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Linux+: Hardware Part 13 – Hard Disk Basics

Discussion in 'Linux Other' started by Jarret W. Buse, Feb 12, 2014.

  1. Jarret W. Buse

    Jarret W. Buse Well-Known Member Staff Writer

    Jul 3, 2013
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    Linux+: Hardware Part 13 – Hard Disk Basics

    Hard Disk Drives (HDD) are used as storage media. The data stored on the HDD can be read and written randomly or sequentially. Data can be stored long term since electricity is not required to maintain the stored data.

    NOTE: Data can be placed on the drive sequentially, which is preferred, but data tends to become fragmented. Fragmentation occurs when data is not stored sequentially but randomly.

    Hard Disk Drives are characterized by size and performance. Size was originally in the Megabytes (MB), but reached the Gigabytes (GB), and now, has reached the Terabyte (TB) range.

    Performance is rated by speed of the various parts of the HDD. Each HDD is made up of one or more platters. Each platter is coated with a magnetized material (ferromagnetic material) which in most cases makes the platter appear as a mirror. The platter can spin at a speed over 15,000 Revolutions per Minute (RPM). The platter can store data on both sides by using a read/write head on an arm. The arm moves at a set speed to a location from the inner portion of the platter to the outer portion. Once the required data is under the read/write head, the magnetized portion can be read as being magnetized (on - 1) or not magnetized (off - 0). The three main parts of performance are as follows:

    1. Access Time – Time to move heads to location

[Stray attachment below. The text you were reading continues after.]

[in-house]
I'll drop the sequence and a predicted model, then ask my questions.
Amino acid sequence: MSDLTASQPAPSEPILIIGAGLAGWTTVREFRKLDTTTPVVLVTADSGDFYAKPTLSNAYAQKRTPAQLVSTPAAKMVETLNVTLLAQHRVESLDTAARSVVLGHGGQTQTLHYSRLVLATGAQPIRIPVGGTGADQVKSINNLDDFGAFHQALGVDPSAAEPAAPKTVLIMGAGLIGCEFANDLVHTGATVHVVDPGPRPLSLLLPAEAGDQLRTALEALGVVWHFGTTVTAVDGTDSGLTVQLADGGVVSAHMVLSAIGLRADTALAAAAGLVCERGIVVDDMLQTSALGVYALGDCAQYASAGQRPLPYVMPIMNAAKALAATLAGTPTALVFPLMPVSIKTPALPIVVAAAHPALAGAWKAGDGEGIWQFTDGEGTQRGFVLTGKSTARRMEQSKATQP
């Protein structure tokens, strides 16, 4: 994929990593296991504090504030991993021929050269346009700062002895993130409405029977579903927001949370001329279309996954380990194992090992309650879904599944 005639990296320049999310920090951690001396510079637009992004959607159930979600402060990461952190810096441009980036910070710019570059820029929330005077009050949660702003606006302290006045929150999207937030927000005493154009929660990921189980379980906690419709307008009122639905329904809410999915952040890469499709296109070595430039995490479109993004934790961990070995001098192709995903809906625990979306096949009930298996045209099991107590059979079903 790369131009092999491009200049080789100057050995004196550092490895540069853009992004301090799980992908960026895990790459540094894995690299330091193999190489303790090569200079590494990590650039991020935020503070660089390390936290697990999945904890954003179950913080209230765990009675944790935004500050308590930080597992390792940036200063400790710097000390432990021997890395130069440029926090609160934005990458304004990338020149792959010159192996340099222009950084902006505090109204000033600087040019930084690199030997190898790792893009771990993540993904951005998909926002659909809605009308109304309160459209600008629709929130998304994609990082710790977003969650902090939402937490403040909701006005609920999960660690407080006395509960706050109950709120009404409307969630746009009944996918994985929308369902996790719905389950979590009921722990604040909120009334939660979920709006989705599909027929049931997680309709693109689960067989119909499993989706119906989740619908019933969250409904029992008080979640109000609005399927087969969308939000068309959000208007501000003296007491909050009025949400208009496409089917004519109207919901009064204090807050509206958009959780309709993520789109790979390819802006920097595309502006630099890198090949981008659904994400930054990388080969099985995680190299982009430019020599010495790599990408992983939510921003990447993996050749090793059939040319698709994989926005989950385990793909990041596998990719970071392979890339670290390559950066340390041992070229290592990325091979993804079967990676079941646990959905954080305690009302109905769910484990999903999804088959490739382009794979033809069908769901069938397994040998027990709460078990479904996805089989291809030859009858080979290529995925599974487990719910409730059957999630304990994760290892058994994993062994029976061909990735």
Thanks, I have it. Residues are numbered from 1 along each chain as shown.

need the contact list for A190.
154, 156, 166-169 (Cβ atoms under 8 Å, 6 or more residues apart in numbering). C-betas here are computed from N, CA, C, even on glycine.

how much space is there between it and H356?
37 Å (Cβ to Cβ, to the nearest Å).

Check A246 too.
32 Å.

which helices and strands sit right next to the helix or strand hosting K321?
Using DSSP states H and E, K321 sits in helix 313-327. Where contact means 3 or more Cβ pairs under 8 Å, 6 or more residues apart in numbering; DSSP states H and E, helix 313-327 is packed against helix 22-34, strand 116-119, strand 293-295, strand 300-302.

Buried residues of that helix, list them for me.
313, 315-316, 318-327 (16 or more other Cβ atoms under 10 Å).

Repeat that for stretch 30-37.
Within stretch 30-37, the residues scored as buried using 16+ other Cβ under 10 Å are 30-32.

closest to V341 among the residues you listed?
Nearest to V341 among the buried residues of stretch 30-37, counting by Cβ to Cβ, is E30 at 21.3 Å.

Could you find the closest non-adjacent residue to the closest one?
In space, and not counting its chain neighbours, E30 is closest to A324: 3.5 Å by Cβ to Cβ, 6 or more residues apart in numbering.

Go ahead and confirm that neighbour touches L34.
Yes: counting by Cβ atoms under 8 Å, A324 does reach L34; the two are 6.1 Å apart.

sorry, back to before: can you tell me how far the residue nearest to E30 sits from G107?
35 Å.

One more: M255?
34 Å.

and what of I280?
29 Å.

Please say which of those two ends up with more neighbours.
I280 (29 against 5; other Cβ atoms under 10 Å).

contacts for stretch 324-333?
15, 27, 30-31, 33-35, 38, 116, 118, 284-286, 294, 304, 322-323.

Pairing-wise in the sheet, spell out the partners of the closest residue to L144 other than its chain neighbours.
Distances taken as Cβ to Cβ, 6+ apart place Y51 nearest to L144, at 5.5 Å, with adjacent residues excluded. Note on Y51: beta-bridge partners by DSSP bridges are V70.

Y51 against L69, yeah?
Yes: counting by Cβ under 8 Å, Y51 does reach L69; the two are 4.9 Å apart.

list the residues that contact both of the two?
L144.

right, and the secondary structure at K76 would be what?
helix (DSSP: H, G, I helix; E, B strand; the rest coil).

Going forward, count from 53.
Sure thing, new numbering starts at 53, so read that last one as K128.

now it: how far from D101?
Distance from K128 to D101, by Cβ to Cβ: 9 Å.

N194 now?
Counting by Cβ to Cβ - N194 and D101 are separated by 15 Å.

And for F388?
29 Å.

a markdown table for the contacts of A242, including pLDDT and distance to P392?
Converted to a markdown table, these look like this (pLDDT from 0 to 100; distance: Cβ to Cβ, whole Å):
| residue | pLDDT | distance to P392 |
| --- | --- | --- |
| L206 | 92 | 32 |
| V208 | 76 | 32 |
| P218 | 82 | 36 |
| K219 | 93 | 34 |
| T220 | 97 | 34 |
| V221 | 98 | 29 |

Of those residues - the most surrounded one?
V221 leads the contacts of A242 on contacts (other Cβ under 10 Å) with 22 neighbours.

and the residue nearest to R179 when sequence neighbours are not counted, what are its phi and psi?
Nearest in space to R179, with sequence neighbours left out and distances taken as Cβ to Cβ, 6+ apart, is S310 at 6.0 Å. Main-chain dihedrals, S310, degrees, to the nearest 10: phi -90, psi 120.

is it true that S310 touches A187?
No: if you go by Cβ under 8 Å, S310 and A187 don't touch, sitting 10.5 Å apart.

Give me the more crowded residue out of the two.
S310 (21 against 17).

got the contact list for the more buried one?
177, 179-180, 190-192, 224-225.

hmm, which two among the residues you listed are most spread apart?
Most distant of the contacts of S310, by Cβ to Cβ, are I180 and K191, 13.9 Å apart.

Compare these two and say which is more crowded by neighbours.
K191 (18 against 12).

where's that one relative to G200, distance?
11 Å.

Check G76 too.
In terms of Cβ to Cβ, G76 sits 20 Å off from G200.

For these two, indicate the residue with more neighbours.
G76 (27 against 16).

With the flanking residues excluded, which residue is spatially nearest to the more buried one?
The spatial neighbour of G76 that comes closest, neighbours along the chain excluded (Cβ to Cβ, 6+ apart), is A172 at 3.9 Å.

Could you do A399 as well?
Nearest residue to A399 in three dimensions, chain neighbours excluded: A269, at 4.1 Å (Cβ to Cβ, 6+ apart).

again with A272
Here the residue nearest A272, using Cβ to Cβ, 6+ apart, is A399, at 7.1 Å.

2. Latency – Time to move the file around to the head’s location
    3. Rotation Speed – Platter speed in Revolutions Per Minute (RPM)​

    NOTE: Ferromagnetism is a type of magnetism which is so strong, it can actually be felt. Because of the strength, the magnetic detector (read head) does not have to be strong which helps reduce the cost of HDD.

    Hard Disks are usually internal devices, meaning they are inside the computer case and referred to as Fixed Disks. External Hard Disks do exist and are becoming more popular since the devices can be connected to any system, by Universal Serial Bus (USB) or FireWire. External drives allow for data to be portable and more easily shared.

    Data is transferred from the HDD to the system by a cable connecting the HDD to a Controller. The Controller can be an Expansion Card or built onto the motherboard. The cable varies in size depending on the type of HDD (IDE, EIDE, SCSI, etc.).

    NOTE: The types of HDD will be covered in future articles.

    The data cable has a mark along one side, usually red (as shown in Picture 1) or blue, but can be any color.

    Hardware 13 - Picture 1.JPG
    PICTURE 1​

    The side with the marking denotes that that side is Pin 1. The connector is placed into the Hard Drive where Pin 1 is next to the power connector as shown as Picture 2.

    Hardware 13 - Picture 2.JPG
    PICTURE 2​

    NOTE: The left side of Picture 2 are the connections for the cable. The far right side is for the power cable. Between the two are the jumpers for configuring the drive within the system (covered within the individual articles for IDE and SCSI). The pictured HDD is an IDE drive.

    The connector on the controller also shows which pin is Pin 1 (Picture 3). Some may designate Pin 1 with a triangular arrow as shown in Picture 4.

    Hardware 13 - Picture 3.JPG
    PICTURE 3​

    Hardware 13 - Picture 4.JPG
    PICTURE 4​

    HDD contain cache to allow data being sent to or from (usually to) the drive to be stored while being written. Without the cache the system would have to wait to write data to the drive. The cache can hold the information and continually add new data as the cached data is written. If the system bus is busy the data being read from the disk can be held in cache until the data can be transferred across the system bus.

    The read/write heads float on a thin layer of air above the HDD platter/platters. Imperfections on the platter can cause the heads to make contact with the platter. If contact occurs, portions of the magnetic media can be scratched or removed which can cause data loss. Dust inside the HDD can also come between the heads and the platter causing the same problem. Power loss or fluctuations can also cause the heads to ‘drop’ when the spinning platter stops and air stops moving within the HDD case.

    NOTE: Take care to include an Uninterruptable Power Supply (UPS) to prevent power outages and fluctuations.

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